4. ^ "Show #279 - Thursday, October 3, 1985". J! Archive. Retrieved August 24, 2010.
  5. ^ a b "$50,000 Plus Winners". Archived from the original on March 14, 2014. Retrieved August 22, 2010.
  6. ^ 1986 Tournament of Champions
  7. ^ Oddchange-1986 Jeopardy! Tournament of Champions Archived 2012-09-18 at
  8. ^ "Chuck Forrest's Tournament of Champions Final". J! Archive. Retrieved August 24, 2010.
  9. ^ Kogan, Rick (July 28, 1989). "A Peek Backstage". Chicago Tribune. Retrieved April 25, 2015.
  10. ^ "Chuck Forrest's Super Jeopardy! Quarterfinal". J! Archive. Retrieved August 24, 2010.
  11. ^ "Super Jeopardy! Final". J! Archive. Retrieved August 24, 2010.
  12. ^ "Chuck Forrest's Million Dollar Masters Semifinal". J! Archive. Retrieved August 24, 2010.
  13. ^ "Million Dollar Masters final". J! Archive. Retrieved August 24, 2010.
  14. ^ "Chuck Forrest's Round 2 Game". J! Archive. Retrieved August 24, 2010.
  15. ^ Phil Yellman's Round 3 UToC game
  16. ^ Harris, Bob (2006). Prisoner of Trebekistan. Crown Publishers. p. 85. ISBN 978-0-307-33956-0. In September of 1985 [Forrest] pioneered a technique (still called the 'Forrest Bounce') in which he selected clues not in simple vertical lines but by hopscotching back and forth across the game board, continually changing categories. See also Dupée, op. cit., p. 69.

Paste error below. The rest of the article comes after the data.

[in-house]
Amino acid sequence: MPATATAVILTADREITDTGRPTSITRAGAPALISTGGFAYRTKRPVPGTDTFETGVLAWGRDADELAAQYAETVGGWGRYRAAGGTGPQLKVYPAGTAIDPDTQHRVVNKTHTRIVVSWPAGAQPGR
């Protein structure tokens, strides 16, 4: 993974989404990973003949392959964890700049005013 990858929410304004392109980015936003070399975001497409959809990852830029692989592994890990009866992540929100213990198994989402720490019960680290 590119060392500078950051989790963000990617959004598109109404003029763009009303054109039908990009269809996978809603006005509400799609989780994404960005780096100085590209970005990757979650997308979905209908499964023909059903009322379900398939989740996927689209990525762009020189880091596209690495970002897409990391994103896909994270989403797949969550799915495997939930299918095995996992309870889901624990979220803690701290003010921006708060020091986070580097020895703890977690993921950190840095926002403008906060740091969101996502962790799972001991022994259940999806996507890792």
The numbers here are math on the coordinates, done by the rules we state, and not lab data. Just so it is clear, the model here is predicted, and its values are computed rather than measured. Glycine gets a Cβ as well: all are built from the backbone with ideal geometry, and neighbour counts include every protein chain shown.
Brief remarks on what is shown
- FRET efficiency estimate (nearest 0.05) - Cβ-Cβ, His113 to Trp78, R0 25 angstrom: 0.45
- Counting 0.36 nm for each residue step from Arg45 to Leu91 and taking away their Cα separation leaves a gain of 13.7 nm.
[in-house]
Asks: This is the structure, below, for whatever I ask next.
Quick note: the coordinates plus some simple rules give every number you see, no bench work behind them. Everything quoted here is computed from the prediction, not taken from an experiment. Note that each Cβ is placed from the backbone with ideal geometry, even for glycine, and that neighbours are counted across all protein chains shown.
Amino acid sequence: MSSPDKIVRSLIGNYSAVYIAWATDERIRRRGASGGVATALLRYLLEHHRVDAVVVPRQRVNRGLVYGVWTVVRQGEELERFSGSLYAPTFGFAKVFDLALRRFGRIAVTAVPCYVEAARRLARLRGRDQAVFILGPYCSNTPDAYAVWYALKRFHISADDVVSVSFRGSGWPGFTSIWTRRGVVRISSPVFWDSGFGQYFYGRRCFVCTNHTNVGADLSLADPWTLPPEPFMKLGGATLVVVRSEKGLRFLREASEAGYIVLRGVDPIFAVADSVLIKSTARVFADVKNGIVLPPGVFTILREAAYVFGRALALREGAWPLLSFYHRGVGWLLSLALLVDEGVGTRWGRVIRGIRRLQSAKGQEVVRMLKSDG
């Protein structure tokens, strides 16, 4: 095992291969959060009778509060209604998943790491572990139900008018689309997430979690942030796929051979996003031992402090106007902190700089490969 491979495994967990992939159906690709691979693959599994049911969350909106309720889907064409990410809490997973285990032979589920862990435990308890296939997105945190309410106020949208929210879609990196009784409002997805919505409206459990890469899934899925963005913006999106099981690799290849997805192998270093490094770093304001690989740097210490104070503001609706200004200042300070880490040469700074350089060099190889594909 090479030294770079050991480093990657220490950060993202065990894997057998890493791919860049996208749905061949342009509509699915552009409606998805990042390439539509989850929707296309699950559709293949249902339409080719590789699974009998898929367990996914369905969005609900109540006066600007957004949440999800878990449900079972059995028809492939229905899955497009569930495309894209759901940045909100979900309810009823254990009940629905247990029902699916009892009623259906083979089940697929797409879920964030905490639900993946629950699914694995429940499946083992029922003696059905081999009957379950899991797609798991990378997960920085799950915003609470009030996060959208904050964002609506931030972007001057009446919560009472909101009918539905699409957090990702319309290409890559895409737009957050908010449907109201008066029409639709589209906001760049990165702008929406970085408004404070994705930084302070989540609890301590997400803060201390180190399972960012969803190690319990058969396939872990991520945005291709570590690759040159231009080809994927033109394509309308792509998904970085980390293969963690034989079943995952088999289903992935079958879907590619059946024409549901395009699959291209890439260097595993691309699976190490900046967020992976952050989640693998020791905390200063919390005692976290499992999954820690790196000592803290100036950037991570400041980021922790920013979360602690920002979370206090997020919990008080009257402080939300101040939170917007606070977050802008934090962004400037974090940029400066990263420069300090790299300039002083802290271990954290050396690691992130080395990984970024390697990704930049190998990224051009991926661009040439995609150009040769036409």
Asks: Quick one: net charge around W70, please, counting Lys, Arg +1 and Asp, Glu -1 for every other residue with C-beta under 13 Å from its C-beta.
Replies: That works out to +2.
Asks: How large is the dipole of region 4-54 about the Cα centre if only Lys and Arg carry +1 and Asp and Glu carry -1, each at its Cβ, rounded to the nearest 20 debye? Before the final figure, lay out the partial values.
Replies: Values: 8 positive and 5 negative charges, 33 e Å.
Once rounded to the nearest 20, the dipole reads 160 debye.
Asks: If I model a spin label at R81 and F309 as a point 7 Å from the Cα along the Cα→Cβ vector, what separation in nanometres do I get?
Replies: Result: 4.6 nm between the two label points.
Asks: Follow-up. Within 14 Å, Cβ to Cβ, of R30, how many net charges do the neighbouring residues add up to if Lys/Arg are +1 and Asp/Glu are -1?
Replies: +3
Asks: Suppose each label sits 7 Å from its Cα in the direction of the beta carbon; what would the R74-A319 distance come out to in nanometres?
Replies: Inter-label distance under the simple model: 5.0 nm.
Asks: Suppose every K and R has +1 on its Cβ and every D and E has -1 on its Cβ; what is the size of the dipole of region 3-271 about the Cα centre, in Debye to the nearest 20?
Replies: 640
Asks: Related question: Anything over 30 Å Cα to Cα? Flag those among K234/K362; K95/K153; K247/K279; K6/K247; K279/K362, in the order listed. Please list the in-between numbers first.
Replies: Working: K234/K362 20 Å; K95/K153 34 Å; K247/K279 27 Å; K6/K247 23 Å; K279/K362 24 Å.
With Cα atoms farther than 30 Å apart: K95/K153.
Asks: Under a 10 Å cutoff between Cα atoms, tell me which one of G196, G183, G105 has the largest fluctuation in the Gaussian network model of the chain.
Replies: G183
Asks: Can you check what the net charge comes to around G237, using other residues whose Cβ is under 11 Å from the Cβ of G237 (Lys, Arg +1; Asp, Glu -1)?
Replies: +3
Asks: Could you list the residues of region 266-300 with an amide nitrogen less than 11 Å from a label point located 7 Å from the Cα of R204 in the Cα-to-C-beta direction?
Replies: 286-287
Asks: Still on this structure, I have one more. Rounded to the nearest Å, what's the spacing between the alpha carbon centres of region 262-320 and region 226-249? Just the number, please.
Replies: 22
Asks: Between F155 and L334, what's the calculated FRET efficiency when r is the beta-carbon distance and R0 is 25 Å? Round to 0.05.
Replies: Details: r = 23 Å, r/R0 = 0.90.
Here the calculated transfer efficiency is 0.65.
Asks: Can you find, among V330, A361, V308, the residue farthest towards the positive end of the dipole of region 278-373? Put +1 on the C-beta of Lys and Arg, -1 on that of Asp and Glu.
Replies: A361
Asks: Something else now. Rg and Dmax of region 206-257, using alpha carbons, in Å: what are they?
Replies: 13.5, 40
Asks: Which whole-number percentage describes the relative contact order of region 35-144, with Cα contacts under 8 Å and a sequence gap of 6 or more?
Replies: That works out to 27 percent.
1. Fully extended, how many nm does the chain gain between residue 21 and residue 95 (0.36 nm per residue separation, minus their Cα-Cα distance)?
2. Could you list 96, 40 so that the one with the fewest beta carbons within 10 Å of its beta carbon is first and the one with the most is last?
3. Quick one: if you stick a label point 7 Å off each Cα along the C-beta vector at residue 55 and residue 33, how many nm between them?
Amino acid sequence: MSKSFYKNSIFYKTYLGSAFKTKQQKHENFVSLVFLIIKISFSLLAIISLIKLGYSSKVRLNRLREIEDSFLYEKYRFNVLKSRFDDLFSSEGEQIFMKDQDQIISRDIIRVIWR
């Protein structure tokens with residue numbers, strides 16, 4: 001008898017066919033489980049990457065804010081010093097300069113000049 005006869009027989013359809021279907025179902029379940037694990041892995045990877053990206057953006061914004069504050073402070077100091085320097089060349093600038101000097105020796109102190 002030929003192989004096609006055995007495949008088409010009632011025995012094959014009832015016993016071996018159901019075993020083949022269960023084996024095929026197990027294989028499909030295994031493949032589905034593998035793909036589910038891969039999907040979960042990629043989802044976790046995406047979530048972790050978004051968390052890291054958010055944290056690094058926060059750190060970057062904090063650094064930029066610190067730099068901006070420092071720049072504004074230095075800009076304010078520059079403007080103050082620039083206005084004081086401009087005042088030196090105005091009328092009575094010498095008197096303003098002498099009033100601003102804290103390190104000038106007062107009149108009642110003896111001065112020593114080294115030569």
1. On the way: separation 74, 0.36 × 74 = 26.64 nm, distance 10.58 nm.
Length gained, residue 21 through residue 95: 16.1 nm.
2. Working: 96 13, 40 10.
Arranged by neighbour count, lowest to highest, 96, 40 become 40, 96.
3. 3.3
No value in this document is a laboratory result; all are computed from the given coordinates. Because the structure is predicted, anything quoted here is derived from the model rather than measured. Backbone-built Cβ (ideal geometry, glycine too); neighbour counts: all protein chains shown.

17. ^ a b c Forrest, Chuck and Lowenthal, Mark (1992). Secrets of the Jeopardy Champions. Grand Central Publishing. ISBN 978-0-446-39352-2, ISBN 0-446-39352-5.
  18. ^ Marchese, David (November 12, 2018). "In Conversation: Alex Trebek". Retrieved November 13, 2018. What bothers me is when contestants jump all over the board even after the Daily Doubles have been dealt with. Why are they doing that? They’re doing themselves a disservice. When the show’s writers construct categories they do it so that there’s a flow in terms of difficulty, and if you jump to the bottom of the category you may get a clue that would be easier to understand if you’d begun at the top of the category and saw how the clues worked.
  19. ^ Brennan, Patricia (1988-11-20). "Man Wins Jackpot on Game Show". The Washington Post. p. y.05.
  20. ^ [>
  21. ^ "House banking scandal give newcomers a chance". April 17, 1992. CNN. Missing or empty |series= (help)
  22. ^ "MI District 09- R Primary". Our Campaigns.
  23. ^ Vinay Menon (2014-02-21). "Arthur Chu's dangerous game of Jeopardy!". Toronto Star. Retrieved 2014-05-23.
Preceded by
Paul Boymel
Biggest regular play winners on Jeopardy! by season
Succeeded by
John Ryan
Preceded by
Jerry Frankel
Jeopardy! Tournament of Champions winner
Succeeded by
Bob Verini
Preceded by
Paul Boymel
Jerry Frankel
All-time Jeopardy! biggest winner
Succeeded by
Jerry Frankel
Bruce Seymour
Preceded by
Paul Boymel
All-time Jeopardy! regular play winnings leader
Succeeded by
Bob Blake